Ghana’s formal private sector is eagerly expecting a major cut in the benchmark Monetary Policy Rate to be announced on Monday next week, following the latest meeting of the central bank’s monetary policy committee, which begins today and will end on Friday.
Widespread expectations of a cut in the benchmark rate, by as much as 200 to 300 basis points are predicated primarily on the achievement of the BoG’s target band for consumer price inflation of 8% plus or minus 2% which translates into a range of between 6% and 10%.
Headline inflation fell to 9.6% for April, its lowest level in nearly five years, and below the psychological single digit threshold for the first time in just as long.
Coupled with continuous monetary easing, begun by the BoG in late 2016, which has seen the MPR cut from a peak of 26% for much of that year, to 18% at the most recent MPC meeting held in March this year, this has provided corporate Ghana with hope that the benchmark rate will be further slashed significantly at the end of this week’s meeting.
Instructively, the newly introduced Ghana Reference Rate, which is set by the BoG in collaboration with the country’s commercial banks under the auspices of the Ghana Association of Bankers, has been set at 16.74% for May, down 80 basis points from the 16.82% at which it was first introduced in April.
However, sources within the BoG’s research department, which provides the quantitative data and econometric modelling analyses used by the MPC in setting the MPR, warn that a major cut at the end of this week is unlikely.
Indeed, within the central bank itself, unofficial expectations suggest a cut of no more than 100 or 150 basis points as the BoG waits to see if the newly attained, and hard fought for single digit inflation rate can be sustained.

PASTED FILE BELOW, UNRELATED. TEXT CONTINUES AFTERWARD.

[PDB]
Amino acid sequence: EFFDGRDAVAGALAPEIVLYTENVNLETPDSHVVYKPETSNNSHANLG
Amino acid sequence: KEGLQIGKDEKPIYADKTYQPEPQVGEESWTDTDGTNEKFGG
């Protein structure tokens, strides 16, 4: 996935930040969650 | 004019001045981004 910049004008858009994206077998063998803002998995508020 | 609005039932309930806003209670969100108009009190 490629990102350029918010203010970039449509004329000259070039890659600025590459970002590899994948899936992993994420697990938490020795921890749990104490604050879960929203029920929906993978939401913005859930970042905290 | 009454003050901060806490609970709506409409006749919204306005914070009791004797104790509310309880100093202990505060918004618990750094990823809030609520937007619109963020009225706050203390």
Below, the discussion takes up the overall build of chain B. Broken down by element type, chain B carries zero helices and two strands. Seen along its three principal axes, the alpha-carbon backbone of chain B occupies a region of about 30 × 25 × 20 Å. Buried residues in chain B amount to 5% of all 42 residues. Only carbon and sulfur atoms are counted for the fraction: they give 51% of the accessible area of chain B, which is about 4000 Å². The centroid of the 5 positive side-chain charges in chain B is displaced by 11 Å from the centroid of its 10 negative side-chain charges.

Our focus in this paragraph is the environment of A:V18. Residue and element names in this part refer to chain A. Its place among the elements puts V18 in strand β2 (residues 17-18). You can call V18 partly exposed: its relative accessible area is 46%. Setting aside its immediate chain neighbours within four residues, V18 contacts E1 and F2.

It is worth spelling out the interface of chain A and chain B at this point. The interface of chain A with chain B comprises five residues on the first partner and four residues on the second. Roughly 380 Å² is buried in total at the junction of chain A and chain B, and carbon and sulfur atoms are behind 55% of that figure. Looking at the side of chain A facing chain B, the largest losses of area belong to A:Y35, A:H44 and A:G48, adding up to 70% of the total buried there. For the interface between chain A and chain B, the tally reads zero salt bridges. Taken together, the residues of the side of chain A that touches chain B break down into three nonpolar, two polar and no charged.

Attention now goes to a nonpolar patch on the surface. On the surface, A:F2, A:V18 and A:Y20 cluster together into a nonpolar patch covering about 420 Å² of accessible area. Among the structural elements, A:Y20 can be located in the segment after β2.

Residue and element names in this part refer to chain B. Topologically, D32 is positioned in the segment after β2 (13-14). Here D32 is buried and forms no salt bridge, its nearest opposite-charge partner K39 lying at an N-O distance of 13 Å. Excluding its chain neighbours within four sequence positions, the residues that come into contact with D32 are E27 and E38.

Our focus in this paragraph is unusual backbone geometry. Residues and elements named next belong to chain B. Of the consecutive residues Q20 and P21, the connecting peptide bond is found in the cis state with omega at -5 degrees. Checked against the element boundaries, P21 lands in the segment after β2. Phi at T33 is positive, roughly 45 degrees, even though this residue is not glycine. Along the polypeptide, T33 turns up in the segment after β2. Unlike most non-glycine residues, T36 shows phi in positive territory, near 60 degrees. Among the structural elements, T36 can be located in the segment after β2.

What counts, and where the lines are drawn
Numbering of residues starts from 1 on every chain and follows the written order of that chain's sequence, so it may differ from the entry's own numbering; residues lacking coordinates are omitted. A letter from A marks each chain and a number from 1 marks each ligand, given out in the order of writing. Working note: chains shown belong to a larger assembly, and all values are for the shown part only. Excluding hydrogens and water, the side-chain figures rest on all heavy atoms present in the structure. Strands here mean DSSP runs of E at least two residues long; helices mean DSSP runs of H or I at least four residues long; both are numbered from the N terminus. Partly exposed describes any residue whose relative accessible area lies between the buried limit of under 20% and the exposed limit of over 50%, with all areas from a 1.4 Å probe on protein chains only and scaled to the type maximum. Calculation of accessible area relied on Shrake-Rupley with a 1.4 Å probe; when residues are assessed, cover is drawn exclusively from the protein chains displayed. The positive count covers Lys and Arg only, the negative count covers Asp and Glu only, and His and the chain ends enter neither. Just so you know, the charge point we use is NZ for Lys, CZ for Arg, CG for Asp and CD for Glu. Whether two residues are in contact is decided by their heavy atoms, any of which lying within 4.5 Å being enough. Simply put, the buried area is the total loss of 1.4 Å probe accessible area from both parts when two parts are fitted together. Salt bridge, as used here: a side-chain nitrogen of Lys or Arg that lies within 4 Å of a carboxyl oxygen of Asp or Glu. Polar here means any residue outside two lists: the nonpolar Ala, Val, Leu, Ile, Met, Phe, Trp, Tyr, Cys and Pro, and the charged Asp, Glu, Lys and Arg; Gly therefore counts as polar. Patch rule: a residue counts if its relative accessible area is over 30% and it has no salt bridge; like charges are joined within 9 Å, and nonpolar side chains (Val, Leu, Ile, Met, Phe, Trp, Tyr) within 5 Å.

Central bank economists worry that there are still significant upward pressures on inflation, arising from the ongoing increases in crude oil prices on international markets which will translate into higher energy costs in Ghana if they continue.
Another source of worry is the demand pull inflation likely to arise from increased public spending resulting from the US$750 million – part of the US$2 billion in proceeds from last week’s new Eurobond issuance by government – that is to be used for new government spending.
Yet another worry is the expected tightening of monetary policy in the United States as some seven years of monetary easing to stem the effects of the most recent global economic crisis which erupted at the turn of the decade, comes to an end.
Higher interest rates in the American economy – which is triggering similar interest rate hikes in both Europe and Asia -are seen by monetary authorities in Ghana as a threat to the competitiveness of domestic treasury bills, notes and bonds, which could consequently dissuade foreign portfolio investors from buying up new issuances of government of Ghana debt securities, rather than those issued in western economies, if yields on Ghanaian issuances drop much further.
Ghana’s MPR has fallen from 25.50% as at the end of 2016 to 18% currently following a series of cuts, leaving it at its lowest level in nearly four years.
The cuts have been a response to falling inflation from over 18% in 2013, to 15.4% by the end of 2016 and further to 11.8% by the end of 2017.
Indeed, core inflation, which excludes volatile items such as energy prices and utility prices has been falling too – from 12.6% in December 2017 to 11.3% in February this year – giving further impetus for the 200 basis point cut in the MPR in March this year.
Focus Economics, a leading global economic forecasting firm expects Ghana’s MPR to end 2018 at 16.70% and 2019 at 14.70%, although the actual out turn may be lower still – Focus Economics expected inflation to remain slightly above the BoG’s target band through to the end of this year, but it has already fallen to within the band, justifying a faster reduction in the MPC than it had projected.
Ghana’s MPR however is still higher than the benchmark rates set by central banks in most other African countries; only 14 countries on the continent currently maintain monetary policy rates of more than 10% while 38 have benchmark monetary policy rates of less than 10%.
Ghana’s relatively high MPR has reflected on average lending rates which was 35.50% as at January this year, which is still significantly higher than the 29.44% average for the period 2005 to 2018, but substantially lower than the all-time high for the period of 42.84% which obtained in July 2016.
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